Opening the gates: Lake Logan opens up to public recreation
Lake Logan is a familiar fixture of any cruise along Haywood County’s stretch of N.C. 215, an 80-acre expanse of water that creates a wide-angle view of sudden contrast to the forested tunnel forming most of the road’s winding path toward the Blue Ridge Parkway.
But for years, it’s been a well-known fact that the inviting-looking lake is off-limits to locals looking to spend a day swimming, fishing or boating.
That’s not true anymore.
“I wanted to dispel that myth, but also do it in a way that allows us to preserve the retreat atmosphere, because we do have retreat groups here who are looking for solitude and privacy and that kind of thing,” said Lauri SoJourner, executive director of the Lake Logan Conference Center since June 2017. “But we want to be a resource for the folks who live in Haywood County.”
SoJourner, previously the director of the Gravatt Camp and Conference Center in Aiken, South Carolina — like Lake Logan, it’s an Episcopal retreat center — said she and her husband have long had a love for the mountains of Western North Carolina, with a long-term plan to retire there one day. Then the job at Lake Logan opened up, and SoJourner, 44, saw a chance to execute their plan two decades early.
“It’s amazing,” she said. “We just love the place.”
The couple lives on the property, enjoying easy access to the lake and the trails, as well as fresh eggs from the chickens they keep. And now SoJourner is working to expand access to that beauty for folks who may never attend a retreat or conference there.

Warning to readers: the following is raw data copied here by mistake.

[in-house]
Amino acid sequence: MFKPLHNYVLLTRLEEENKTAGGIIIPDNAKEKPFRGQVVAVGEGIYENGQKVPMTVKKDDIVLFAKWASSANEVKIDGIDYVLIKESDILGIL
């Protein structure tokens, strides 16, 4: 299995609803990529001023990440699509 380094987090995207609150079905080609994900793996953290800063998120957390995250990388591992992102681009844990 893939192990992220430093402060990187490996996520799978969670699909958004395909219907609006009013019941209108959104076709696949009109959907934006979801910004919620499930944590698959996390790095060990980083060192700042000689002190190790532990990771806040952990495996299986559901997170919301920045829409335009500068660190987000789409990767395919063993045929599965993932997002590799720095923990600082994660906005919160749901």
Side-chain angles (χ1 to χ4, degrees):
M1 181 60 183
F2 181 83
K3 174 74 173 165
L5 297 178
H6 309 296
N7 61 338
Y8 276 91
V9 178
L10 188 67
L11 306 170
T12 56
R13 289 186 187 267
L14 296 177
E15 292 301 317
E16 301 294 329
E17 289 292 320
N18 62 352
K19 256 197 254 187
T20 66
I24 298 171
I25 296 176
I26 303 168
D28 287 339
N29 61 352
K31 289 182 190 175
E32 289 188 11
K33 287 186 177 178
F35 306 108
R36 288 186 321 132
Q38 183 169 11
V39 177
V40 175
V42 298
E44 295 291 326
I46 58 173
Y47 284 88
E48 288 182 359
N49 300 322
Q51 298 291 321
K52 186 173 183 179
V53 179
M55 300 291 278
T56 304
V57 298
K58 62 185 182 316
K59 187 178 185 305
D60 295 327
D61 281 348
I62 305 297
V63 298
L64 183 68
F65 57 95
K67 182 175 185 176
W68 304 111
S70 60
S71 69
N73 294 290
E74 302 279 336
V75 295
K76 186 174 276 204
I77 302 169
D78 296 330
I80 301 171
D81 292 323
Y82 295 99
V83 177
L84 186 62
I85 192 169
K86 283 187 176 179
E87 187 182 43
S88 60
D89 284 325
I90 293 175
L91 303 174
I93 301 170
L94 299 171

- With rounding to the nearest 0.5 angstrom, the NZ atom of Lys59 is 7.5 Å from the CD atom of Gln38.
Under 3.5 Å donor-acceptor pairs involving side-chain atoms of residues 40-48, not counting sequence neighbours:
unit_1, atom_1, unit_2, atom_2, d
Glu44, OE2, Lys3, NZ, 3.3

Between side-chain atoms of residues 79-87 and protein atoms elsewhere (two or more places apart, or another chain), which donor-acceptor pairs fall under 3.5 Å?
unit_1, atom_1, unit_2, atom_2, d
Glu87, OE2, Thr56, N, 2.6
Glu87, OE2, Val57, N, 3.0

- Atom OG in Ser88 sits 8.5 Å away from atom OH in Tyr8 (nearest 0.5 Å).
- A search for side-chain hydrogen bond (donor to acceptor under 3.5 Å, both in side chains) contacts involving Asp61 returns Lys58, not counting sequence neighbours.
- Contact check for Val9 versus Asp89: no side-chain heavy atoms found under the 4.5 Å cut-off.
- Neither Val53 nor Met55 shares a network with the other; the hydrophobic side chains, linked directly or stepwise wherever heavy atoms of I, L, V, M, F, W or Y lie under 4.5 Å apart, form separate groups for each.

More than a lake
In September, Lake Logan began offering day passes and season passes to anyone who might want to come explore the property — boat in the lake, fish the waters, hike the woods. Now getting the feet of her first full year on the job good and wet, SoJourner is looking to get the word out about Lake Logan’s renewed accessibility. It seems to be working.
“We’ve gotten a lot of questions, and people are definitely interested,” she said.
So far, about five families have purchased a season pass, with plenty more taking advantage of the day pass option.
While visitors and pass holders are required to call first to ensure that the property is available on the day requested — Lake Logan hosts a variety of retreats and events, some of which require guests to have exclusive use of the property — the pass still opens up an array of recreation options on the 300-acre property.
Lake Logan offers a limited number of passes for anglers — “We want it to be good fishing,” SoJourner explained — as well as swimming and boating. However, boaters are required to use Lake Logan’s boats rather than bringing their own in. That’s because the lake is also the retreat center’s water source, so it’s important that managers be sure that nobody brings a boat that could leak gas or oil.
“We tried that (allowing outside boats), and it was just too much of an issue to say, ‘You can bring that boat, but you can’t bring that boat,’” said Della Swanger, guest services manager at Lake Logan. “We just needed a bottom line rule.”
The sparkling lake spreading out from N.C. 215 is no secret, but the Lake Logan property is more than just a lake. The mostly gravel roads winding through the retreat center are peppered with historic cabins sitting peacefully between solitary lakeshore and sweeping forest, and a spur jutting uphill from the cabin-lined road on the lake’s south side ends where the Gazebo Trail begins.
The trail, which is about 2.5 miles round trip, follows an old logging road uphill to pass through a variety of ecosystems before its terminus at one of the most beautiful views on the property, overlooking Lake Logan, the West Fork Pigeon River and the Balsam Mountains. The Cold Mountain Game Lands, managed by the N.C. Wildlife Resources Commission, abut the trail.